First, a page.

Edge Computing: As we move towards a hyper-connected world, billions of devices will be connected to the Internet, thereby bringing intelligence to the Edge in the form of Edge Computing. This will lead to the revamping of network architectures and how data is handled. As more and more edge computing deployments become reality, enterprises will seek intelligent and cost-efficient ways to collect data from IoT devices, analyse the data and then route it to a remote and on-premise data center. As edge computing blends different functions, data center managers will seek professionals, who have a mix of different skills such as networking, system design, database modelling and security. System design skills are critical as most edge devices have resource constraints, and hence, systems need to be designed to operate without performance degradation and be interoperable with other devices. Similarly, networking is another important component, as a network which is not optimized can affect the performance in a big way. Edge devices are known to exchange huge amounts of data and are always connected. Database specialists are required for designing database structures more efficiently so that data storage, distribution and analysis can be done efficiently. Edge devices are more prone to security risks, and security professionals will need to have the same levels of data protection features such as encryption and authentication.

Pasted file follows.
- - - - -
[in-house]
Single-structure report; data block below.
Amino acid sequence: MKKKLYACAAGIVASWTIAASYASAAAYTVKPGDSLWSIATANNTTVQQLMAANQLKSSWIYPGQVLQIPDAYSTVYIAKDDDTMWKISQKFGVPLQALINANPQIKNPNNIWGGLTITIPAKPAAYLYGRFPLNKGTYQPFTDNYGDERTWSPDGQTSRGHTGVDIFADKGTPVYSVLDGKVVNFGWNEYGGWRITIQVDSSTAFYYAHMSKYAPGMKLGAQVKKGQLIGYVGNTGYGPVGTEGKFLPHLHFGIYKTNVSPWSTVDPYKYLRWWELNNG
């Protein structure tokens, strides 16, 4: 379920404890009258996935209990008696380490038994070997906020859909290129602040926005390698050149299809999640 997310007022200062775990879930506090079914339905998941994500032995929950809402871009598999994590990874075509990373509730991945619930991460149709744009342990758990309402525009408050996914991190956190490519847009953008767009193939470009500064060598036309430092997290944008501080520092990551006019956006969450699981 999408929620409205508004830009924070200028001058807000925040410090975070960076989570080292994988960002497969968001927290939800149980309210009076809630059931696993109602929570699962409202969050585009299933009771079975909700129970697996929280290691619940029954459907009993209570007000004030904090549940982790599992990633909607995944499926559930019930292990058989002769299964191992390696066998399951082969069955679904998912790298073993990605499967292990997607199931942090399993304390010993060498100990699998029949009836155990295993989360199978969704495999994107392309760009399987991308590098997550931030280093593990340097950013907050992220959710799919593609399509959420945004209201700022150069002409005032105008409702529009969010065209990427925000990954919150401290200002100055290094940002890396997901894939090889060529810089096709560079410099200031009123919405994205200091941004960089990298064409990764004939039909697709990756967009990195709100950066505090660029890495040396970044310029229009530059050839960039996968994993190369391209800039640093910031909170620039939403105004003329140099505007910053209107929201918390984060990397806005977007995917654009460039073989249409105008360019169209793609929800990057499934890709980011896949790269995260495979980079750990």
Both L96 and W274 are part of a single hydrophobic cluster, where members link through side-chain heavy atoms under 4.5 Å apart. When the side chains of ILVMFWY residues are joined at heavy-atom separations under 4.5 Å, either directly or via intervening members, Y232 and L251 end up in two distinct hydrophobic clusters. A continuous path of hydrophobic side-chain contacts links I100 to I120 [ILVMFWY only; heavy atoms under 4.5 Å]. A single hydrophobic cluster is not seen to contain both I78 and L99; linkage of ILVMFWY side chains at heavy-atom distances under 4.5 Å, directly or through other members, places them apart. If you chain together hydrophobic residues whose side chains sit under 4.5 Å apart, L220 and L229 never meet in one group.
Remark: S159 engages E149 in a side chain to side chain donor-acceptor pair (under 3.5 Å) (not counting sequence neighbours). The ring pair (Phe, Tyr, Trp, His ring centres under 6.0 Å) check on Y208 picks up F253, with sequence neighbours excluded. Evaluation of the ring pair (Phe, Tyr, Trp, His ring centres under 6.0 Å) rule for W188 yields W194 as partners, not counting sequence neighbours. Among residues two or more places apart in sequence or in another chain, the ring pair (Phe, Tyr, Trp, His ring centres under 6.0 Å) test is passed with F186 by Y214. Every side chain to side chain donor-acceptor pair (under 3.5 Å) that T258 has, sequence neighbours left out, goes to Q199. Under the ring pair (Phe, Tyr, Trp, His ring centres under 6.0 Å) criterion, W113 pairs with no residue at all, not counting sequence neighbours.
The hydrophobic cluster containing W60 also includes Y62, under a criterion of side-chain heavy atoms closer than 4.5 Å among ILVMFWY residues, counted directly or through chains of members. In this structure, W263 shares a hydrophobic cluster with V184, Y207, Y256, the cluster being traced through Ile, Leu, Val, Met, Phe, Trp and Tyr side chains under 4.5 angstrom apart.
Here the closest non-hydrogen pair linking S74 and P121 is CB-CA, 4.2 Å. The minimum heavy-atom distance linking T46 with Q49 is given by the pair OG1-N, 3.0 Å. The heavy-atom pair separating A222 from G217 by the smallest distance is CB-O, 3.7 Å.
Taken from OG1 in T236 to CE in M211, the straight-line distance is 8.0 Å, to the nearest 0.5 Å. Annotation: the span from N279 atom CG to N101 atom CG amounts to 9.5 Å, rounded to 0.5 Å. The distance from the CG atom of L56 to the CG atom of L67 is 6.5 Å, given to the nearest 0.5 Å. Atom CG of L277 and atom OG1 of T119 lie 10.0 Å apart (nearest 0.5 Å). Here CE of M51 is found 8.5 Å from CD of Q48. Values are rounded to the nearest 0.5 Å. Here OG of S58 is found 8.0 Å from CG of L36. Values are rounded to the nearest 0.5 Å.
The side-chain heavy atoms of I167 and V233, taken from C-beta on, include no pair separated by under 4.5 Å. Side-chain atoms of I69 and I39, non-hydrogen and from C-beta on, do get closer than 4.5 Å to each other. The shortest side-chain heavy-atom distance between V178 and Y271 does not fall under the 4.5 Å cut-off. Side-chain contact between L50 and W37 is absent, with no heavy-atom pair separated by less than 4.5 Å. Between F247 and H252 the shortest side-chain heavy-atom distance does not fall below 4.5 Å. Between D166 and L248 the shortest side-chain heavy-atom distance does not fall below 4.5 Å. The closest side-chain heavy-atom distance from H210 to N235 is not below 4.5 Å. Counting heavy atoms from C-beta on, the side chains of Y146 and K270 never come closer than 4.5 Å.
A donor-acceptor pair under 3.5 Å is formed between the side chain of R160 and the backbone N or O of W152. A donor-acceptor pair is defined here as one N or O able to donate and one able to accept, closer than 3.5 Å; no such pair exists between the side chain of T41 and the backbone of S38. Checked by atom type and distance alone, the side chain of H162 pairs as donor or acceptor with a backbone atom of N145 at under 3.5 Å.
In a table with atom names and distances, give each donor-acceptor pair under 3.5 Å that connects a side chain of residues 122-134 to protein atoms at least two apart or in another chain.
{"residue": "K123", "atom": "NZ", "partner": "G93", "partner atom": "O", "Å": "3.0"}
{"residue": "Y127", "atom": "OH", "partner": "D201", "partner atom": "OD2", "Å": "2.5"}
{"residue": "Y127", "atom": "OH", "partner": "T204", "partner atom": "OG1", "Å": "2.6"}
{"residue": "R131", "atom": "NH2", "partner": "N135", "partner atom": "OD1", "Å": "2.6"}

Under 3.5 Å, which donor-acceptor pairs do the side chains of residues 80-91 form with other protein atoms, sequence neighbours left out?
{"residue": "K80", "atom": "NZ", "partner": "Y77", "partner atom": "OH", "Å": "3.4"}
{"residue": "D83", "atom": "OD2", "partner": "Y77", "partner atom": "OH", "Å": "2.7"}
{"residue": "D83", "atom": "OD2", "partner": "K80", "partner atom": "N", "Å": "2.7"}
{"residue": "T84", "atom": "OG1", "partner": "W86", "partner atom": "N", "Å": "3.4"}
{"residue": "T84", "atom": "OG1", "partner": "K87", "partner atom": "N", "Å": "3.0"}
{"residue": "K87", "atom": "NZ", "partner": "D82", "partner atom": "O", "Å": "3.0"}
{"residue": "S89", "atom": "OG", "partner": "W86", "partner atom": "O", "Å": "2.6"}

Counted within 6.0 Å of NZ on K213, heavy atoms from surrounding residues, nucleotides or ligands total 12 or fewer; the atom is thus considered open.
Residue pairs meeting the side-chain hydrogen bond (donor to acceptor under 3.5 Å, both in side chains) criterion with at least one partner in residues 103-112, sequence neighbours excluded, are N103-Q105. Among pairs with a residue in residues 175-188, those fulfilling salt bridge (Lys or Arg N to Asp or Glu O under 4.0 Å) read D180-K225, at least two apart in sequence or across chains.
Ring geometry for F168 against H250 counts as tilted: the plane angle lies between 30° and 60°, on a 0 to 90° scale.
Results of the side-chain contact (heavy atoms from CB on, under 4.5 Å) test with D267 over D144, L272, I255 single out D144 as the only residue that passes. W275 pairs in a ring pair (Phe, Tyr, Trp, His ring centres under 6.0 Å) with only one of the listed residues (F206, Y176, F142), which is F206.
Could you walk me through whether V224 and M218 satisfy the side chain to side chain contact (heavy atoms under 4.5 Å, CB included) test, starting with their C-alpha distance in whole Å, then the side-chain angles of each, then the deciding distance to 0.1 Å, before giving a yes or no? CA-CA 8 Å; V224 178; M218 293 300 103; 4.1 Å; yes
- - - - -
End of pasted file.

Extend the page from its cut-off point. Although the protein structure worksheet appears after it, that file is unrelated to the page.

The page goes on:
Artificial Intelligence: Gartner predicts that more than 30 percent of data centers that fail to sufficiently prepare for AI will no longer be operationally or economically viable by 2020. Given this reality, it is imperative for data center managers to have people who have expertise of using AI to deliver more efficiency. While AI can certainly perform routine tasks such as patching security updates, taking backups or even updating systems, the task of designing algorithms and optimizing it to ensure better results is left to skilled professionals. This can include writing algorithms for ensuring optimum load distribution, scaling systems efficiently and automatically, and performance monitoring and troubleshooting.
Security: This is the most critical skillset, and will always be in high demand. Highly skilled information security specialists will always be required to help data centers protect themselves proactively against attacks. While currently, information security specialists are focused on detecting and acting against threats in the network, workloads or applications, in the future, they will focus on using automated tools to detect anomalies in the network, and use automated intelligence to proactively protect their firms. For example, the focus will change from SOC specialists who can detect threats now to professionals who can create algorithms or write scripts for automatically detecting attacks. Data center managers will also require the help of cybersecurity architects who can see the bigger picture, and create a centralized threat perception model, gained from looking at all the different threat vectors. In addition, new roles such as data privacy officers will also be required, who are well versed with legal matters and different regulatory requirements as needed to be compliant.
Having said this, data centers will no longer be used in their traditional forms; they will become more intelligent, automated and software-defined. As organisations look at modernising their data center environments, there will be a significant demand for the above skillsets. This will, undoubtedly, result in the transformation of how data centers are operated, managed and monitored. Skills around AI, ML, software-defined, cloud and intelligent edge will be instrumental for the data center of the future.
By Vimal Kaw, Associate Vice President,Products and Services – NTT-Netmagic